By Wayne Schooling
New details in the latest Drug and Alcohol Clearinghouse Report could accelerate calls for federal approval of other testing methods, such as hair and oral fluid testing, according to one safety and compliance expert. The June 2020 Monthly Summary Report, the second such report issued by the Federal Motor Carrier Safety Administration (FMCSA) since the clearinghouse went into effect in January, showed an uptick in queries in June. That’s a change in direction, as those numbers dropped in March, April and May, presumably because of the economic slowdown and freight recession caused by the COVID-19 pandemic.
“The report allows us to pretty clearly see a COVID-related dip in pre-employment queries, indicating driver hiring slowed in March-May 2020 due to the pandemic,” said Dave Osiecki, president and CEO, Scopelitis Transportation Consulting. “June brought good news for the industry, though, with a 28% increase in the number of pre-employment queries. Great to see that hiring snapped back!” Unfortunately, the number of violations reported to the clearinghouse also increased in June, with 4,587 drug violations and 107 alcohol violations. Since the clearinghouse went into effect in January 2020, marijuana has by far outpaced all substances with 12,867 positives through June. The next highest was cocaine at 3,868 positives, along with positives for amphetamine and methamphetamine at around 2,500 each.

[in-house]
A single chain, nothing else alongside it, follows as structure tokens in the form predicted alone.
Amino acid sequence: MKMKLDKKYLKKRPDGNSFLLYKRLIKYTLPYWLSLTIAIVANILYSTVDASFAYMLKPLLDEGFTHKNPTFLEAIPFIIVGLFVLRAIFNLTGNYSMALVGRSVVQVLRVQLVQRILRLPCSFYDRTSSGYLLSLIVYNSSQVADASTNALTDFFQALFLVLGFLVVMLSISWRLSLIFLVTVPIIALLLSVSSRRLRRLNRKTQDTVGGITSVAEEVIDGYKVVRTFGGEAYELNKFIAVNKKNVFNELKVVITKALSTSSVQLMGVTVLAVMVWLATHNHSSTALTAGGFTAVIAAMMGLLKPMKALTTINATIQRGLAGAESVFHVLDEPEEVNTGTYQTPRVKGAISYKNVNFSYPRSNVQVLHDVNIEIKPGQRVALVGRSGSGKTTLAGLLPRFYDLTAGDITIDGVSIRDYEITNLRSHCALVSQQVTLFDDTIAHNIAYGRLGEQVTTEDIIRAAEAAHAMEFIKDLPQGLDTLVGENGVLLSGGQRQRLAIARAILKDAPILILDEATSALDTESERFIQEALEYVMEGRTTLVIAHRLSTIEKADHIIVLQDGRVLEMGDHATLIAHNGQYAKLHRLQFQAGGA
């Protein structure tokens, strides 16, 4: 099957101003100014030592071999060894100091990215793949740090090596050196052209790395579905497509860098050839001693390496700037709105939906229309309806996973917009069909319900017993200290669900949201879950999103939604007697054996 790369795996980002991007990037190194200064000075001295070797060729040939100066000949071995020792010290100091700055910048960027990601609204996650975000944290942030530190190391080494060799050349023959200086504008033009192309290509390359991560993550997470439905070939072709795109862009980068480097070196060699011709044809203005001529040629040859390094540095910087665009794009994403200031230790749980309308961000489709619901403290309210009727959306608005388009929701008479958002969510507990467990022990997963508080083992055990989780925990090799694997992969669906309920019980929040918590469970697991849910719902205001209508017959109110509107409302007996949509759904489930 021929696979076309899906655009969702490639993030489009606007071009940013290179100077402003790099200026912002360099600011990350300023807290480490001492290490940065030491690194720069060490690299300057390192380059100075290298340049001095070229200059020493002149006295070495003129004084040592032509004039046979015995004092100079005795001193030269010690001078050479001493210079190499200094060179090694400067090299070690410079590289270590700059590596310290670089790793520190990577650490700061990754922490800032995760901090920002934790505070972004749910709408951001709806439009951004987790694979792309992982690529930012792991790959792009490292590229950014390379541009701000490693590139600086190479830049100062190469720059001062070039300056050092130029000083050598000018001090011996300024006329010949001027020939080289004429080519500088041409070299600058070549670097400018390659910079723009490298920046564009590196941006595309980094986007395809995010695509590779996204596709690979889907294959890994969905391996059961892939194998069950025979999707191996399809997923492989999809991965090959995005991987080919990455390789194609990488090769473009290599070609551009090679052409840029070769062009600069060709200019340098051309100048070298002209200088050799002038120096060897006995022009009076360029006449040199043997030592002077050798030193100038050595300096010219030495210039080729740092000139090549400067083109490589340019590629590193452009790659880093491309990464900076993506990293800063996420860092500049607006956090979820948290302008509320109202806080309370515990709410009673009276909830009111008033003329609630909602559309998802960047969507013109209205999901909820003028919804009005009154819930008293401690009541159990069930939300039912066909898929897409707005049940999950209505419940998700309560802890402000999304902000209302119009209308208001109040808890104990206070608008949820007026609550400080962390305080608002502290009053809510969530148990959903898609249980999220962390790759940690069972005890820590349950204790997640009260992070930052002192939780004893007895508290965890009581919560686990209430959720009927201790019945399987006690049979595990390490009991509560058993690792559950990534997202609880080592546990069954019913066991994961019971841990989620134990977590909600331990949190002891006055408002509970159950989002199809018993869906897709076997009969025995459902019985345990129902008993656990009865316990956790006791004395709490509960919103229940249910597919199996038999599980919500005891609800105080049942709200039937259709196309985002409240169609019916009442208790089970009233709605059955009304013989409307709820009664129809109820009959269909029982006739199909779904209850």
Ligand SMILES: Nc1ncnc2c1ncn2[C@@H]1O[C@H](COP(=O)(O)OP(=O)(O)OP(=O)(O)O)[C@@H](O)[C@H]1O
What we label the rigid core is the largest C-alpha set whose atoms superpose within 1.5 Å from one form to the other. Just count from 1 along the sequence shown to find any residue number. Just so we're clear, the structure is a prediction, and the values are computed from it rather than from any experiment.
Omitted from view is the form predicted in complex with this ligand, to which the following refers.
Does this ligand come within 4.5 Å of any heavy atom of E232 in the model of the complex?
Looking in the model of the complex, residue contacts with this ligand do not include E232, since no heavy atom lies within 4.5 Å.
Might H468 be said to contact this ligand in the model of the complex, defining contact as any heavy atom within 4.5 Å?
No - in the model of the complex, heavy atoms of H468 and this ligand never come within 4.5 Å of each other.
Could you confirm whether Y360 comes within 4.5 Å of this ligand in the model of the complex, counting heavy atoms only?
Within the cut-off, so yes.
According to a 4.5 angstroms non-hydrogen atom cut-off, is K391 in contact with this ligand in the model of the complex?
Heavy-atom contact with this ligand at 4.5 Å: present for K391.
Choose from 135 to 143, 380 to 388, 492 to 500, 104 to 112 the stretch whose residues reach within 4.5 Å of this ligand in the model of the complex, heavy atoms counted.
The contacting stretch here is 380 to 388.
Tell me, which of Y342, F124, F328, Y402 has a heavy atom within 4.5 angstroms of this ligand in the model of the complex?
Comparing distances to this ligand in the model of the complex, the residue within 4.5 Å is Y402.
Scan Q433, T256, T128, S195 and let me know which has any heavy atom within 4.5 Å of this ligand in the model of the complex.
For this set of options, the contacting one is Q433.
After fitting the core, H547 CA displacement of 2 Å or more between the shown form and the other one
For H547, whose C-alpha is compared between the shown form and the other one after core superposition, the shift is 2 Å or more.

The June report featured a new breakdown of the number of refusals and violations associated with each type of test (random, pre-employment, post-accident, etc.), Osiecki said. “What stuck with me was that 13% of pre-employment drug testing violations were refusals,” he told HDT in an email. “Considering that, in the pre-employment context, a refusal can really only occur after the driver has been handed a urine collection cup, this number may be a good proxy for how often drivers attempt to defeat the urinalysis. This number, if it remains high, could accelerate calls for DOT approval of other testing methods like hair and oral fluid testing.”